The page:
The following people are considered by Pantheon to be the top 10 most legendary German Writers of all time. This list of famous German Writers is sorted by HPI (Historical Popularity Index), a metric that aggregates information on a biography’s online popularity. Visit the rankings page to view the entire list of German Writers.
With an HPI of 91.73, Johann Wolfgang von Goethe is the most famous German Writer. His biography has been translated into 176 different languages on wikipedia.
Johann Wolfgang von Goethe (28 August 1749 – 22 March 1832) was a German poet, playwright, novelist, scientist, statesman, theatre director, and critic. His works include plays, poetry, literary, and aesthetic criticism, and treatises on botany, anatomy, and colour. He is considered to be the greatest German literary figure of the modern era.Goethe took up residence in Weimar in November 1775 following the success of his first novel, The Sorrows of Young Werther (1774). He was ennobled by the Duke of Saxe-Weimar, Karl August, in 1782. He was an early participant in the Sturm und Drang literary movement. During his first ten years in Weimar, Goethe became a member of the Duke's privy council, sat on the war and highway commissions, oversaw the reopening of silver mines in nearby Ilmenau, and implemented a series of administrative reforms at the University of Jena. He also contributed to the planning of Weimar's botanical park and the rebuilding of its Ducal Palace.Goethe's first major scientific work, the Metamorphosis of Plants, was published after he returned from a 1788 tour of Italy. In 1791 he was made managing director of the theatre at Weimar, and in 1794 he began a friendship with the dramatist, historian, and philosopher Friedrich Schiller, whose plays he premiered until Schiller's death in 1805. During this period Goethe published his second novel, Wilhelm Meister's Apprenticeship; the verse epic Hermann and Dorothea, and, in 1808, the first part of his most celebrated drama, Faust. His conversations and various shared undertakings throughout the 1790s with Schiller, Johann Gottlieb Fichte, Johann Gottfried Herder, Alexander von Humboldt, Wilhelm von Humboldt, and August and Friedrich Schlegel have come to be collectively termed Weimar Classicism. The German philosopher Arthur Schopenhauer named Wilhelm Meister's Apprenticeship one of the four greatest novels ever written, while the American philosopher and essayist Ralph Waldo Emerson selected Goethe as one of six "representative men" in his work of the same name (along with Plato, Emanuel Swedenborg, Montaigne, Napoleon, and Shakespeare). Goethe's comments and observations form the basis of several biographical works, notably Johann Peter Eckermann's Conversations with Goethe (1836).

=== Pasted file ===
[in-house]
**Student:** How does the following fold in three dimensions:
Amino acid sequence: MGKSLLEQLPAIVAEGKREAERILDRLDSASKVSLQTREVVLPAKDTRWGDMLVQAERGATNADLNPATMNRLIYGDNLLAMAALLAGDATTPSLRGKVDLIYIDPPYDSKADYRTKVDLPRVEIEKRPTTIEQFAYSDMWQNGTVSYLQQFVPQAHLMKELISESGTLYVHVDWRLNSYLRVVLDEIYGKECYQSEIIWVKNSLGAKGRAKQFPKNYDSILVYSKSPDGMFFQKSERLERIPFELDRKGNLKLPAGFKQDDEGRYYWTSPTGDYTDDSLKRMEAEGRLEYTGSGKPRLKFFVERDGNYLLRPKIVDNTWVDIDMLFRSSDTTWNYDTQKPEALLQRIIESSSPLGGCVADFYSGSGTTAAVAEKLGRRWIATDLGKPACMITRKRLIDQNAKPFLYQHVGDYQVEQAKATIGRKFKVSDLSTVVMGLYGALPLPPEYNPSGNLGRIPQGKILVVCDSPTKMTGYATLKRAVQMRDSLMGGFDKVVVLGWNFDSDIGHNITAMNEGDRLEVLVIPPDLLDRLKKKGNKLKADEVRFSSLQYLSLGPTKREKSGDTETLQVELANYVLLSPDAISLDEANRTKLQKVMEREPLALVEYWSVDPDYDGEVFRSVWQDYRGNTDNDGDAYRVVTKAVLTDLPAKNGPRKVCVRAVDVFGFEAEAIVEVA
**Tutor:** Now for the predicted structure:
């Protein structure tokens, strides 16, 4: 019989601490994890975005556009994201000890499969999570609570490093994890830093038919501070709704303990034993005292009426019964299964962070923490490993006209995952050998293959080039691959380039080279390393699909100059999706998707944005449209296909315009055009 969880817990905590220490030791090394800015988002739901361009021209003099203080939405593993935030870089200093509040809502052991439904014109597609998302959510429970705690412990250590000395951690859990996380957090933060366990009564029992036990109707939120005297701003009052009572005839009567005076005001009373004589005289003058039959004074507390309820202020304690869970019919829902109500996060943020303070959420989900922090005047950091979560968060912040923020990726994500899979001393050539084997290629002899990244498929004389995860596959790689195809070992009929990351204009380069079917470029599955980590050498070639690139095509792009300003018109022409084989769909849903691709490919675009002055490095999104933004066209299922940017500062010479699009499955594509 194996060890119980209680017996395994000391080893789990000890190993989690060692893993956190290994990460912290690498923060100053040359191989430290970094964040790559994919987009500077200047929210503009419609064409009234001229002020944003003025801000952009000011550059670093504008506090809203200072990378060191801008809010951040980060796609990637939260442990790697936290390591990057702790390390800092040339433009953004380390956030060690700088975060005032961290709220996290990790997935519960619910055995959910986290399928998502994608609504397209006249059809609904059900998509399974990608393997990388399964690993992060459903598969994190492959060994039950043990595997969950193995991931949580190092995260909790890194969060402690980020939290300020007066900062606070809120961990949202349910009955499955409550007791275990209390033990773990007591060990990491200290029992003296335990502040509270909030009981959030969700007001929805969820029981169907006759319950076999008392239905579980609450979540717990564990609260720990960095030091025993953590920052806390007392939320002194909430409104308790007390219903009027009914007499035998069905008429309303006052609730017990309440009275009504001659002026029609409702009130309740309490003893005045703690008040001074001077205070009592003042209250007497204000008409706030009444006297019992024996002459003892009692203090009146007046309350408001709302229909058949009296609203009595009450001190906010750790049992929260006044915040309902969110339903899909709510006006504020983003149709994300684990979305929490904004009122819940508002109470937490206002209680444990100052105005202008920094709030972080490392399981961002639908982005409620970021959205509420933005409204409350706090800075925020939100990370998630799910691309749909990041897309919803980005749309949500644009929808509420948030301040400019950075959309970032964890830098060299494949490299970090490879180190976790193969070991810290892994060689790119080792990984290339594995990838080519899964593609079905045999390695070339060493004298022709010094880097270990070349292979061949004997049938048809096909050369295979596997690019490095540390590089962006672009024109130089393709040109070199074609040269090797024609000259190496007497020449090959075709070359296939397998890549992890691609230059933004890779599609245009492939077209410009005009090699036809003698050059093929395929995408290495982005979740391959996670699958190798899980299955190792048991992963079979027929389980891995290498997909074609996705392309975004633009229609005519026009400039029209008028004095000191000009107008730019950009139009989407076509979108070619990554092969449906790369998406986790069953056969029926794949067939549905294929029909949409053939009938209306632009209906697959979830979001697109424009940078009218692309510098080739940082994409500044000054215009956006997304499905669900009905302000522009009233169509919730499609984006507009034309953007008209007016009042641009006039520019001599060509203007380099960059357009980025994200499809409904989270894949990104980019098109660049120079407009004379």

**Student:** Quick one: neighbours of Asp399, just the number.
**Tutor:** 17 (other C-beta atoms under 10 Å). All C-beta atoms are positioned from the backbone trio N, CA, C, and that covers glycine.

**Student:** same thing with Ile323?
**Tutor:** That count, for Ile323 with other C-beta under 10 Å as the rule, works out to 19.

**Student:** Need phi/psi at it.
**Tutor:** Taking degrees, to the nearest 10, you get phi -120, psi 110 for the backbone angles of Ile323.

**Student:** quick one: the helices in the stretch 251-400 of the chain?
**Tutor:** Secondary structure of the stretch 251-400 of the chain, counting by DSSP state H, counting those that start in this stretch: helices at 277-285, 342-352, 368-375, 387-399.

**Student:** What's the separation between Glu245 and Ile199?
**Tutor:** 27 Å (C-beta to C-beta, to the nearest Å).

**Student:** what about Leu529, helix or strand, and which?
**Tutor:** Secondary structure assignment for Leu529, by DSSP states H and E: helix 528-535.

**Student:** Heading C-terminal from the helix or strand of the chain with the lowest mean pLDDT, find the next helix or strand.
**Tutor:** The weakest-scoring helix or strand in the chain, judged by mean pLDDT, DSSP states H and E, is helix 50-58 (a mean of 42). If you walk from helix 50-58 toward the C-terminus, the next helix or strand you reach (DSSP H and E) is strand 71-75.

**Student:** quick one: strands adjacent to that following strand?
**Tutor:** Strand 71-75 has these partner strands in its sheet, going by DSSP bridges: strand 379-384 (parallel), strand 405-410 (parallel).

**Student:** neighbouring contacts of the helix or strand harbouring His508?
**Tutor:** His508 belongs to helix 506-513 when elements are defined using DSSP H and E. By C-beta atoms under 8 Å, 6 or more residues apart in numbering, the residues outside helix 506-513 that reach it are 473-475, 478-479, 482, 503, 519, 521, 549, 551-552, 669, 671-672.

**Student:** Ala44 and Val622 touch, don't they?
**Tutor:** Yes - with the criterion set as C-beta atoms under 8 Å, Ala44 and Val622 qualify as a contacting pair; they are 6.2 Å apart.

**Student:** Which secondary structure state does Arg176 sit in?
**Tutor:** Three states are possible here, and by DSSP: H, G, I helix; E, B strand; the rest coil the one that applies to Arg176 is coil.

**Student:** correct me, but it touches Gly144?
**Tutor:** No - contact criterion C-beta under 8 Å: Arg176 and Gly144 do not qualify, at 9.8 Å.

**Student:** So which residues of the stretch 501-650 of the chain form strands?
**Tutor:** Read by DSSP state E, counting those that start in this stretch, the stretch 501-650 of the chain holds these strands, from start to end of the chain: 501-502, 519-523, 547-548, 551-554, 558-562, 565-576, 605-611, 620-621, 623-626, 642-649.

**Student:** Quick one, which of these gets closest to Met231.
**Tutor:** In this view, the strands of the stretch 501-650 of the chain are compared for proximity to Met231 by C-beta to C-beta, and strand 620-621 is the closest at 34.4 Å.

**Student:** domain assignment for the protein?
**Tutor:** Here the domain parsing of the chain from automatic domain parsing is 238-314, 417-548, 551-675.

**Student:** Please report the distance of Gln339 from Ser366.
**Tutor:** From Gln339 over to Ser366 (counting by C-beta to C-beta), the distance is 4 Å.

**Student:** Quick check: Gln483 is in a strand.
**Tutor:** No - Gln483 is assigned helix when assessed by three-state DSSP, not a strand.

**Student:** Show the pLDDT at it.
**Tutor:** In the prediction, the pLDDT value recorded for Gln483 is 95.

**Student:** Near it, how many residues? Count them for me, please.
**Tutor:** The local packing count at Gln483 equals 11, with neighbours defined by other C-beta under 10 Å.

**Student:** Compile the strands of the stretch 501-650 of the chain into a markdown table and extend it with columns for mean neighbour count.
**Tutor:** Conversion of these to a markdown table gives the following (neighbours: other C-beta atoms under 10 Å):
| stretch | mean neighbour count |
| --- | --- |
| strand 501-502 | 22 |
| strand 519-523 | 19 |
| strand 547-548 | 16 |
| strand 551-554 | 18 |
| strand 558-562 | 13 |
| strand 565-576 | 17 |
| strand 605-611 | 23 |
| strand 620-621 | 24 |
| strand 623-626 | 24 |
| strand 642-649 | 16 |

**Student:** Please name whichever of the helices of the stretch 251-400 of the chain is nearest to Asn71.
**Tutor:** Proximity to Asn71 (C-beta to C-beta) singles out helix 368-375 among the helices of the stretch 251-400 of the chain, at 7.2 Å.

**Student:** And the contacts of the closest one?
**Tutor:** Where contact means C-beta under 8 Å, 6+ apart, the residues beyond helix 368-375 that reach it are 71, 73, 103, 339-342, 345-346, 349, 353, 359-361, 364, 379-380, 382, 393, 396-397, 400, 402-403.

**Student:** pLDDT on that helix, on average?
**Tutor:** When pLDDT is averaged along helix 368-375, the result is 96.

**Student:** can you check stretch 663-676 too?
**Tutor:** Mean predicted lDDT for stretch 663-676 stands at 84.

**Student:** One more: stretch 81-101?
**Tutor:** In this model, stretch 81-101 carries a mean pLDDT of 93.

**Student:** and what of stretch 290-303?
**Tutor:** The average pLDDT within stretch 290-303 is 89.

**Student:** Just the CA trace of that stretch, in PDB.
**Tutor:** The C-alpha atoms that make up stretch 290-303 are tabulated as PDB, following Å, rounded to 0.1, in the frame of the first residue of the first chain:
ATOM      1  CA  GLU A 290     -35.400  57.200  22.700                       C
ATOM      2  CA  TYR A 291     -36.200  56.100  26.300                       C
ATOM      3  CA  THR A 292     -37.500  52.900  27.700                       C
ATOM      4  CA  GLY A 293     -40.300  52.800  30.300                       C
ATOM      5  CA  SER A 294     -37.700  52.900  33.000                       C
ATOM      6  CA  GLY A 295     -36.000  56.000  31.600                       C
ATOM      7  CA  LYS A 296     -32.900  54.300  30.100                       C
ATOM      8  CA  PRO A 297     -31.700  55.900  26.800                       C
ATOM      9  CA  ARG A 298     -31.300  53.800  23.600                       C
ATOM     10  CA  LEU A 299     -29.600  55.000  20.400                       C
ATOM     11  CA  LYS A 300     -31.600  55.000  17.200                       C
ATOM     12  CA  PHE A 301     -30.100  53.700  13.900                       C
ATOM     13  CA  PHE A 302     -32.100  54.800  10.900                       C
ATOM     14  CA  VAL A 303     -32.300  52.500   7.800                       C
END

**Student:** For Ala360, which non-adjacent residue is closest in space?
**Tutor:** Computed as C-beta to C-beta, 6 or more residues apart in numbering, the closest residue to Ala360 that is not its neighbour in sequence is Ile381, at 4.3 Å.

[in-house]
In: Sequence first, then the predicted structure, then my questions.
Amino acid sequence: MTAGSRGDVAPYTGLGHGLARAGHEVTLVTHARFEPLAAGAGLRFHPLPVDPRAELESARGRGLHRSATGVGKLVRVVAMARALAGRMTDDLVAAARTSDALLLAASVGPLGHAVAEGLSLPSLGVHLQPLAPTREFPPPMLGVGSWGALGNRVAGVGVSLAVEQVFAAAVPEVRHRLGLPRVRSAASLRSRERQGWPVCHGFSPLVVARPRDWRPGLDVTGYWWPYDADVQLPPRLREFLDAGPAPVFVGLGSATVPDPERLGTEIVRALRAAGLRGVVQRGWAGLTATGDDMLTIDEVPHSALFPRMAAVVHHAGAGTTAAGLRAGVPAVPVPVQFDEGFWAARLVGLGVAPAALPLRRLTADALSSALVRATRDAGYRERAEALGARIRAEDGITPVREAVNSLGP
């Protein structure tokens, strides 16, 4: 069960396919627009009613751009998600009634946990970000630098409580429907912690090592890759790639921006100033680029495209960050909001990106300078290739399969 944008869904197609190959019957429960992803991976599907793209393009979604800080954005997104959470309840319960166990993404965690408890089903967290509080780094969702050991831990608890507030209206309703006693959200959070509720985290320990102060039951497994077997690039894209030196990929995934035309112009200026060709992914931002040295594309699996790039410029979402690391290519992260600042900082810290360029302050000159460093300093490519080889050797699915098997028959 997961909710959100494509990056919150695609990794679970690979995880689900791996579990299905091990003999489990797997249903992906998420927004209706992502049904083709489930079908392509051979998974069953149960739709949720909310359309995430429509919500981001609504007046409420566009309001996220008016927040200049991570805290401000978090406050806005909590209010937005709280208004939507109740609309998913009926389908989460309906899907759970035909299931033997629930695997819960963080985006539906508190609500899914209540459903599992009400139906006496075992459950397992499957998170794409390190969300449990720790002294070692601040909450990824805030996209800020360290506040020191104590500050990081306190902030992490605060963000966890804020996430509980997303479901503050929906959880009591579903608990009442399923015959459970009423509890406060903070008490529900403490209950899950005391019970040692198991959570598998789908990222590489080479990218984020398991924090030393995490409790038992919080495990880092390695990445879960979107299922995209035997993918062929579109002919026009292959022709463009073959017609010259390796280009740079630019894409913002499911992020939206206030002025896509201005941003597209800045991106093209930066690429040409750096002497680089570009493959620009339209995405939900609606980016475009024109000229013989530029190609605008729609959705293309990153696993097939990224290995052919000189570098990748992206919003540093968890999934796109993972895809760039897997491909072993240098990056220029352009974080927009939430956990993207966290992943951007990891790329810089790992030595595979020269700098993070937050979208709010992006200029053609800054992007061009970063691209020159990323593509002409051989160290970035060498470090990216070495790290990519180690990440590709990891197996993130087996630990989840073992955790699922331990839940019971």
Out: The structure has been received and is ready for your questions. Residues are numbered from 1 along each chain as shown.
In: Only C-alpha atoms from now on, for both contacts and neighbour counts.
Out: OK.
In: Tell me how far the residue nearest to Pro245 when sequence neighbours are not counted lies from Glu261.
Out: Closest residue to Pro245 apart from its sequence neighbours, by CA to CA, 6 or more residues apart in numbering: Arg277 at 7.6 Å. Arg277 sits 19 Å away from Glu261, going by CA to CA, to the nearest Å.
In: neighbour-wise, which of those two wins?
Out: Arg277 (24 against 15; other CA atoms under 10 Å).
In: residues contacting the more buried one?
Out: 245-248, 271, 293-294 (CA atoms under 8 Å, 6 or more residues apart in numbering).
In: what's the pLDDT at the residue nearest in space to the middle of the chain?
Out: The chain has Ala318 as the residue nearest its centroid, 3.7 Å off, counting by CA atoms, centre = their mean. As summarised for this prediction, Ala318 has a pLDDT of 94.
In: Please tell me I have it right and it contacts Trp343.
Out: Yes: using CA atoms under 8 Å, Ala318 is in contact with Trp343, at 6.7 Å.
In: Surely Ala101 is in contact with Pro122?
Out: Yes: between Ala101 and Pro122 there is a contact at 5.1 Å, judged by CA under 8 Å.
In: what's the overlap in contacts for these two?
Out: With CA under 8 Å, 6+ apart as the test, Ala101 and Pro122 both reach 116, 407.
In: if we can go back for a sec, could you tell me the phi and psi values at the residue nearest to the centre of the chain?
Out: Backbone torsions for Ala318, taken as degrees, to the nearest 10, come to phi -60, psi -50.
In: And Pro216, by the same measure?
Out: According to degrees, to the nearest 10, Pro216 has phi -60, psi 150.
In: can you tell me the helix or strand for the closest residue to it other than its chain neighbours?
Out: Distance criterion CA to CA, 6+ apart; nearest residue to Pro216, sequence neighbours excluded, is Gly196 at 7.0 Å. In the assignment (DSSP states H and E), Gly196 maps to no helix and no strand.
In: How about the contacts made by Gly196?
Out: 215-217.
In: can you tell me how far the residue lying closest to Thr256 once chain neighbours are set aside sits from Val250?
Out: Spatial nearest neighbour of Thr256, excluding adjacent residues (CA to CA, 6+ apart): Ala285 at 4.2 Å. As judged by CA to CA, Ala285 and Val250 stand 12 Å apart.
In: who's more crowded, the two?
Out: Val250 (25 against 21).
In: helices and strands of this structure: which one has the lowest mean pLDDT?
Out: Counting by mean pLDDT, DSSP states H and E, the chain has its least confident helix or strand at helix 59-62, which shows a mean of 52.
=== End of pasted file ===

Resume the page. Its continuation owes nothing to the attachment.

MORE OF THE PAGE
With an HPI of 86.37, Anne Frank is the 2nd most famous German Writer. Her biography has been translated into 114 different languages.
Annelies Marie "Anne" Frank (German pronunciation: [ˈanəˌliːs maˈʁiː ˈʔanə ˈfʁaŋk] (listen), Dutch: [ˈɑnəˌlis maːˈri ˈʔɑnə ˈfrɑŋk]; 12 June 1929 – February or March 1945) was a German-Dutch diarist of Jewish heritage. One of the most discussed Jewish victims of the Holocaust, she gained fame posthumously with the 1947 publication of The Diary of a Young Girl (originally Het Achterhuis in Dutch; English: The Secret Annex), in which she documents her life in hiding from 1942 to 1944, during the German occupation of the Netherlands in World War II. It is one of the world's best-known books and has been the basis for several plays and films. Born in Frankfurt, Germany, she lived most of her life in or near Amsterdam, Netherlands, having moved there with her family at the age of four and a half when the Nazis gained control over Germany. Born a German national, she lost her citizenship in 1941 and thus became stateless. By May 1940, the Franks were trapped in Amsterdam by the German occupation of the Netherlands. As persecutions of the Jewish population increased in July 1942, the Franks went into hiding in some concealed rooms behind a bookcase in the building where Anne's father, Otto Frank, worked. From then until the family's arrest by the Gestapo in August 1944, she kept a diary she had received as a birthday present, and wrote in it regularly. Following their arrest, the Franks were transported to concentration camps. In October or November 1944, Anne and her sister, Margot, were transferred from Auschwitz to Bergen-Belsen concentration camp, where they died (probably of typhus) a few months later. They were originally estimated by the Red Cross to have died in March, with Dutch authorities setting 31 March as their official date of death, but research by the Anne Frank House in 2015 suggests it is more likely that they died in February.Otto, the only survivor of the Frank family, returned to Amsterdam after the war to find that her diary had been saved by his secretary, Miep Gies, and his efforts led to its publication in 1947. It was translated from its original Dutch version and first published in English in 1952 as The Diary of a Young Girl, and has since been translated into over 70 languages.
With an HPI of 86.00, Thomas Mann is the 3rd most famous German Writer. His biography has been translated into 111 different languages.
Paul Thomas Mann (UK: MAN, US: MAHN; German pronunciation: [ˈtoːmas ˈman] (listen); 6 June 1875 – 12 August 1955) was a German novelist, short story writer, social critic, philanthropist, essayist, and the 1929 Nobel Prize in Literature laureate. His highly symbolic and ironic epic novels and novellas are noted for their insight into the psychology of the artist and the intellectual. His analysis and critique of the European and German soul used modernized versions of German and Biblical stories, as well as the ideas of Johann Wolfgang von Goethe, Friedrich Nietzsche, and Arthur Schopenhauer. Mann was a member of the Hanseatic Mann family and portrayed his family and class in his first novel, Buddenbrooks. His older brother was the radical writer Heinrich Mann and three of Mann's six children, Erika Mann, Klaus Mann and Golo Mann, also became significant German writers. When Adolf Hitler came to power in 1933, Mann fled to Switzerland. When World War II broke out in 1939, he moved to the United States, then returned to Switzerland in 1952. Mann is one of the best-known exponents of the so-called Exilliteratur, German literature written in exile by those who opposed the Hitler regime.
With an HPI of 85.91, Hermann Hesse is the 4th most famous German Writer. His biography has been translated into 106 different languages.
Hermann Karl Hesse (German: [ˈhɛʁman ˈhɛsə] (listen); 2 July 1877 – 9 August 1962) was a German-Swiss poet, novelist, and painter. His best-known works include Demian, Steppenwolf, Siddhartha, and The Glass Bead Game, each of which explores an individual's search for authenticity, self-knowledge and spirituality. In 1946, he received the Nobel Prize in Literature.